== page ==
Mother Teresa’s Postulator Says New Film’s Creators Made "grave errors"

Mother Teresa around the year 1994. | L'Osservatore Romano.

The chief promoter of St. Teresa of Calcutta’s cause for canonization says a new film about the beloved saint is hampered by “grave errors” in how its producers approached the life of the celebrated nun.

Father Brian Kolodiejchuk, the director of the Mother Teresa Center and the postulator of the cause of beatification and canonization of Mother Teresa, said in a Sept. 28 statement before the release of “Mother Teresa and Me” that its creators committed “several crucial errors” in portraying the doubts St. Teresa experienced in her life even as she devoted herself to living out the Gospel in her care for the sick and poor.

“Mother Teresa and Me” tells the story of Kavita, a young woman who finds herself with an unexpected pregnancy. Battling whether or not to get an abortion, she returns to her hometown in India where her now very old nanny shares the story of Mother Teresa’s first days working in the streets of Calcutta. Learning how Mother Teresa faced many doubts after no longer being able to hear the voice of Jesus, Kavita is inspired.

The film’s writer and director, Kamal Musale, claimed on the film’s website, before it was revised, that the film’s portrayal of Teresa is “more true to life” because of its treatment of how she “lost her faith” and apparently “never recovered from it.”

“During [an] approximately 12-year period, Teresa goes through a complete change, from the intensity of her epiphany to the disillusionment and the realization that her connection with God is lost,” Musale said.


Yet, Kolodiejchuk has criticized this characterization of St. Teresa as inaccurate.

“Unfortunately, the producers of the film appear unaware of Mother Teresa’s own interpretation of her darkness, or the significance it had for her life and vocation,” Kolodiejchuk said.

“As her own writings attest, one of the most profound things about Mother Teresa is that she never ‘lost her faith,’ even amid desolation and uncertainty. Her personal letters speak of her ’unbroken union [with God]’ during her darkness and observe that ‘my mind and heart is habitually with God,’”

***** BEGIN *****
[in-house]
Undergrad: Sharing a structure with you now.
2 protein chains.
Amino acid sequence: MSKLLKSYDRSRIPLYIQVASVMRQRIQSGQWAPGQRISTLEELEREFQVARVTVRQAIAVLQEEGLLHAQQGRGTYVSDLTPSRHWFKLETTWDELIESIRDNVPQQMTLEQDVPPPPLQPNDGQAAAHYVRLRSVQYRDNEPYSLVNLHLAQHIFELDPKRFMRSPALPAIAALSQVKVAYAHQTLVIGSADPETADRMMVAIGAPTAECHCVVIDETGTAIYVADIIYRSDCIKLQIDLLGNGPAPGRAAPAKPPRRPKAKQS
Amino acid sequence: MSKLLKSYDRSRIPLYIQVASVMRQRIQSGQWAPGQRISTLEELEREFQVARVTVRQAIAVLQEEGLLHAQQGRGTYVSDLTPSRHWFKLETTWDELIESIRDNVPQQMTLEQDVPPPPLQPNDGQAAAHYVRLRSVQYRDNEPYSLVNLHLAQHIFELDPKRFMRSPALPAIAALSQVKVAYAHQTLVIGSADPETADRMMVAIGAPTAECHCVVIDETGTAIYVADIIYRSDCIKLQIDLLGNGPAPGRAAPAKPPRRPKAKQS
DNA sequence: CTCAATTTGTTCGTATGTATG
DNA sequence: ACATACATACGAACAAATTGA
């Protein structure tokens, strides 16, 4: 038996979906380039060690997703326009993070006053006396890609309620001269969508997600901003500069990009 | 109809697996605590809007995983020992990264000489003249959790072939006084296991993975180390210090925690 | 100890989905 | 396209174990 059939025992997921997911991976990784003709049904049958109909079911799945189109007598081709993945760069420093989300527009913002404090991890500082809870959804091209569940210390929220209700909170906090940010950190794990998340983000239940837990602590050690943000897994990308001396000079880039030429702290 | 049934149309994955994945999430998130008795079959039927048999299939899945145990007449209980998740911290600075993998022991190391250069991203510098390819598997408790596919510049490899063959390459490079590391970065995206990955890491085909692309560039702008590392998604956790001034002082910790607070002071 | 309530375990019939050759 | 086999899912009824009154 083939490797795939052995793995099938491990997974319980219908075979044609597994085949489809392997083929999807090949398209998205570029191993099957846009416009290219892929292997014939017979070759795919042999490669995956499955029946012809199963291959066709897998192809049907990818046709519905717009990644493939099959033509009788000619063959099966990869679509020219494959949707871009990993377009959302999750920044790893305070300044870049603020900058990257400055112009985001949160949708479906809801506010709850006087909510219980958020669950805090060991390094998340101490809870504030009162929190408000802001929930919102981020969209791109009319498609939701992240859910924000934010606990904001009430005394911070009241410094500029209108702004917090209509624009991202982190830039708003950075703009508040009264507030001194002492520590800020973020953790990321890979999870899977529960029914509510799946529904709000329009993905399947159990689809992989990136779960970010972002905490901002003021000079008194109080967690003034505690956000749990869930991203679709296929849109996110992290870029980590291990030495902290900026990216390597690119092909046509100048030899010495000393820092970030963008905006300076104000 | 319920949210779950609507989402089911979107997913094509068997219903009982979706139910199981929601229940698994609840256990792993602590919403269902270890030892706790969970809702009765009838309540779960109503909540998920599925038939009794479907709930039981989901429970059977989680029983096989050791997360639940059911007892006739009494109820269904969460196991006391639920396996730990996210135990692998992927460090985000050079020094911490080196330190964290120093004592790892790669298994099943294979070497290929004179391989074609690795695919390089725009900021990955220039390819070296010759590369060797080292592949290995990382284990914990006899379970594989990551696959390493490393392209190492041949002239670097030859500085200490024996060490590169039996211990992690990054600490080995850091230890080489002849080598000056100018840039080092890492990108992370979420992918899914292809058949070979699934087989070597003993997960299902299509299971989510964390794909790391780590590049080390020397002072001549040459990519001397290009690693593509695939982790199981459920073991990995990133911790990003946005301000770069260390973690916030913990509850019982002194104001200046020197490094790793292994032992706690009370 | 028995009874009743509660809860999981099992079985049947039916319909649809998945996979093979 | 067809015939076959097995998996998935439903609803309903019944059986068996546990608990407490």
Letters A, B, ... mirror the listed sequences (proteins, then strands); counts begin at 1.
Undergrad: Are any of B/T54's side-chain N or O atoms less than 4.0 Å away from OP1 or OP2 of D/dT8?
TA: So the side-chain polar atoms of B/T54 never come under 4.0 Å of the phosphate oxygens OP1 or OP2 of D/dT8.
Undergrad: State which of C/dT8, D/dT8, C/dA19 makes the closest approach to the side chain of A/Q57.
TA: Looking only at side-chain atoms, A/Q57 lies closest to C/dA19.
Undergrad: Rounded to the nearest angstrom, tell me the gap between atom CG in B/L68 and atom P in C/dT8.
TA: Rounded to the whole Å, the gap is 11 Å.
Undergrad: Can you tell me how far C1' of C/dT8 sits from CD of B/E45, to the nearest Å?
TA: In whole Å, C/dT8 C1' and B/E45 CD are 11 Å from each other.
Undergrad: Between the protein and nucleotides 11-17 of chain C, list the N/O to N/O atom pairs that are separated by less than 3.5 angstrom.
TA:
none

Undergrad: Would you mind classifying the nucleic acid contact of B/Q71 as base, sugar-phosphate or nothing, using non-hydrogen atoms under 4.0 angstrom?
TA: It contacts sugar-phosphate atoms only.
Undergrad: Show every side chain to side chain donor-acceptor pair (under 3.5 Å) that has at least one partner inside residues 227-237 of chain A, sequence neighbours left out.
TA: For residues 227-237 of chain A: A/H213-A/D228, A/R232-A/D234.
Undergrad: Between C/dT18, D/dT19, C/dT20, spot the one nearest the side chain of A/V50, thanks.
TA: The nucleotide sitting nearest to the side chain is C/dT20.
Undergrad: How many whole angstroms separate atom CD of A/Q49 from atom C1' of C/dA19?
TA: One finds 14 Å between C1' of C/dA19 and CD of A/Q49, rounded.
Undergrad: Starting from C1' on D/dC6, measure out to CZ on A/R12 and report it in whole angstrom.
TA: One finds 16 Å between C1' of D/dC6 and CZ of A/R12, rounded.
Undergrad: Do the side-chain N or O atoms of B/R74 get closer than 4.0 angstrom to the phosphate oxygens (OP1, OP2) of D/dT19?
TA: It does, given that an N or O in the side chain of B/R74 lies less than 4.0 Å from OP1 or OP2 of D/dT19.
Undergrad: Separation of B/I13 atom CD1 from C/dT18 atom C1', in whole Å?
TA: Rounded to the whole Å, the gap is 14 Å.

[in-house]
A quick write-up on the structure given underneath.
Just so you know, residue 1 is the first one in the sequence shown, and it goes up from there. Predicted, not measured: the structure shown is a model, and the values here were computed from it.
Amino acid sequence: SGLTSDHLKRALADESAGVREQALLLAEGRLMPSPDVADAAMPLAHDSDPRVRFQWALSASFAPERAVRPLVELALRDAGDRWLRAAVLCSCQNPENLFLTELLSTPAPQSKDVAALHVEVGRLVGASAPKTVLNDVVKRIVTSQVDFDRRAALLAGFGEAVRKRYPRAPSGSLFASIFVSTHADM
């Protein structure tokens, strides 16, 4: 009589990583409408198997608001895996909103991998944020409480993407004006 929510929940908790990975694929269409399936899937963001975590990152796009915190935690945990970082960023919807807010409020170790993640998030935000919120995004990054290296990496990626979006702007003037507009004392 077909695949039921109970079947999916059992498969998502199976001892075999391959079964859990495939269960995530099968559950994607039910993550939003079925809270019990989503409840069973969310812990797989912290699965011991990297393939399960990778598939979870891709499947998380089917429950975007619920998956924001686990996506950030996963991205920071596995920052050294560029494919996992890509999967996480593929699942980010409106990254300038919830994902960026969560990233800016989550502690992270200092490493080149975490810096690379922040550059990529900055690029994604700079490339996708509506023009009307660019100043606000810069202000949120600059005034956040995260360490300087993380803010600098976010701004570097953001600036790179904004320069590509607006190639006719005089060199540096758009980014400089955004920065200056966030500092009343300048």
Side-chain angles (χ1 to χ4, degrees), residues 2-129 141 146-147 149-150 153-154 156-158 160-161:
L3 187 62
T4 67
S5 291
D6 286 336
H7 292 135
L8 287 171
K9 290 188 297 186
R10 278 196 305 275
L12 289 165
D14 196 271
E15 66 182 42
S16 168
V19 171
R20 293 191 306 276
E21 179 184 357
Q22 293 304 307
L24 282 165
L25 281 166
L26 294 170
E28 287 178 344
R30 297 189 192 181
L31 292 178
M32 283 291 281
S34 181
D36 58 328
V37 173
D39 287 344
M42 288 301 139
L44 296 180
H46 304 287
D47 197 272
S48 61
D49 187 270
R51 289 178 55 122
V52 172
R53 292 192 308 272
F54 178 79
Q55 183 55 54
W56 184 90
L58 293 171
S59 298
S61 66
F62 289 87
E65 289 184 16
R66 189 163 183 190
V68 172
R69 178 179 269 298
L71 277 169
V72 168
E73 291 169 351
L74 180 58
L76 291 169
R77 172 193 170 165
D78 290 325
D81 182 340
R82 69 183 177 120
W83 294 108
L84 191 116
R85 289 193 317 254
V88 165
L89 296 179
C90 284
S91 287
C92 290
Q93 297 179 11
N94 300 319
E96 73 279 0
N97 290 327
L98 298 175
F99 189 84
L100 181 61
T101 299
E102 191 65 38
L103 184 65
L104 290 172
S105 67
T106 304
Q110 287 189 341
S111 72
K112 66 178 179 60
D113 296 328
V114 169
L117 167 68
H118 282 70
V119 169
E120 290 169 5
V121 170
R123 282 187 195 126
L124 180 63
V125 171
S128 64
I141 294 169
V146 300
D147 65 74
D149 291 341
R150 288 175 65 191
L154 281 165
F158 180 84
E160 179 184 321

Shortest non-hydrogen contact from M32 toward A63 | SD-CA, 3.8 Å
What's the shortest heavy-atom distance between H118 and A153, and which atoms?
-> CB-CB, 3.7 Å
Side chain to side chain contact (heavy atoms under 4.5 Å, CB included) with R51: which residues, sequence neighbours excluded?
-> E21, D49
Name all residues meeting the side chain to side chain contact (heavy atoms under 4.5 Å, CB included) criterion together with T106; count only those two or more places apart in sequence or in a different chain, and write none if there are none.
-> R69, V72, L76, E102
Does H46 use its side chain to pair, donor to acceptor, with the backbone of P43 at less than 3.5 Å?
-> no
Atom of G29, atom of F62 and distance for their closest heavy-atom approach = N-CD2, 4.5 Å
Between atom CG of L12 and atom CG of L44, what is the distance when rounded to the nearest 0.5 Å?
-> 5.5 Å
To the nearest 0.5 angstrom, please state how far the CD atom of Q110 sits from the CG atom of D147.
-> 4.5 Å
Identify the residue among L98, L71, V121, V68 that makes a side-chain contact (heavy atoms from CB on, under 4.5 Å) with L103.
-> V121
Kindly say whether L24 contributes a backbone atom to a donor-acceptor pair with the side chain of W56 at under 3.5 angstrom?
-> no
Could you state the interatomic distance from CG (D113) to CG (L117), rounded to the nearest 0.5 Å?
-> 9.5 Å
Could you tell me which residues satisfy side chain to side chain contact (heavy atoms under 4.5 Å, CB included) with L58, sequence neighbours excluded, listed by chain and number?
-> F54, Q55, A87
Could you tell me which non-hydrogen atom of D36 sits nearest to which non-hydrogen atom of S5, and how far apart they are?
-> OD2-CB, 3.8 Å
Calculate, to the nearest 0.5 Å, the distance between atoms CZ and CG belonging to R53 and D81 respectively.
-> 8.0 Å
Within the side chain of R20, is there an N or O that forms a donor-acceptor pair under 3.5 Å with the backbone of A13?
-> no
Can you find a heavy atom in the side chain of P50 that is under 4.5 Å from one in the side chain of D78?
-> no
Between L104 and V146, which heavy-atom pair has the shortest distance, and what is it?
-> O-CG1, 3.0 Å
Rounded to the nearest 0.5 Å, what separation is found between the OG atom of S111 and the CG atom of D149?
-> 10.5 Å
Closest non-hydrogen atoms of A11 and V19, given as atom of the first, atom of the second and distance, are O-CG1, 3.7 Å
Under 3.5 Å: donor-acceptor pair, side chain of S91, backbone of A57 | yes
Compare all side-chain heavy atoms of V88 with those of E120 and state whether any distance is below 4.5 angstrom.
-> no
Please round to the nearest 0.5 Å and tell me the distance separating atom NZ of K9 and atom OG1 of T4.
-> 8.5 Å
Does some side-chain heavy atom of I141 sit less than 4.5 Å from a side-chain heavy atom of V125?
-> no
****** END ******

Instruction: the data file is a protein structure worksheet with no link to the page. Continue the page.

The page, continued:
“She describes the ‘doubt’ in which she lived ‘for the rest of her life’ as, instead, a trial of faith — an experience well-known in the Catholic mystical tradition,” Kolodiejchuk said. 

The priest argued that, rather than demonstrate a loss of her faith, St. Teresa’s doubts “illustrated the depth of that faith, and her confidence that Christ would not abandon her.” 

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“She even states that, ‘I will hear his voice’, and ‘I know this is only feelings — for my will is steadfast bound to Jesus.’”

Citing his own personal experience with the saint, Kolodiejchuk said the film “does not accurately capture the woman who captured the world with her steadfast, joyful love of God and neighbor; one of the most loved and admired women of the 20th century.” 

“We still must wait for a nondocumentary film that adequately portrays the ‘real and relatable’ St. Mother Teresa,” he said, “since a misrepresentation is unjust to her and to those who wish to know her in all her beauty and fullness.”

The film is set to premiere for a one-night-only release on Oct. 5 in 800 theaters around the United States. It was produced by Curry Western Movies out of India along with Switzerland’s Les Films du Lotus. 

Musale, the film’s director, has also directed the films “Millions Can Walk” and “Bumbai Bird,” among others. 


Daniel Payne is a senior editor at Catholic News Agency. He previously worked at the College Fix and Just the News. He lives in Virginia with his family.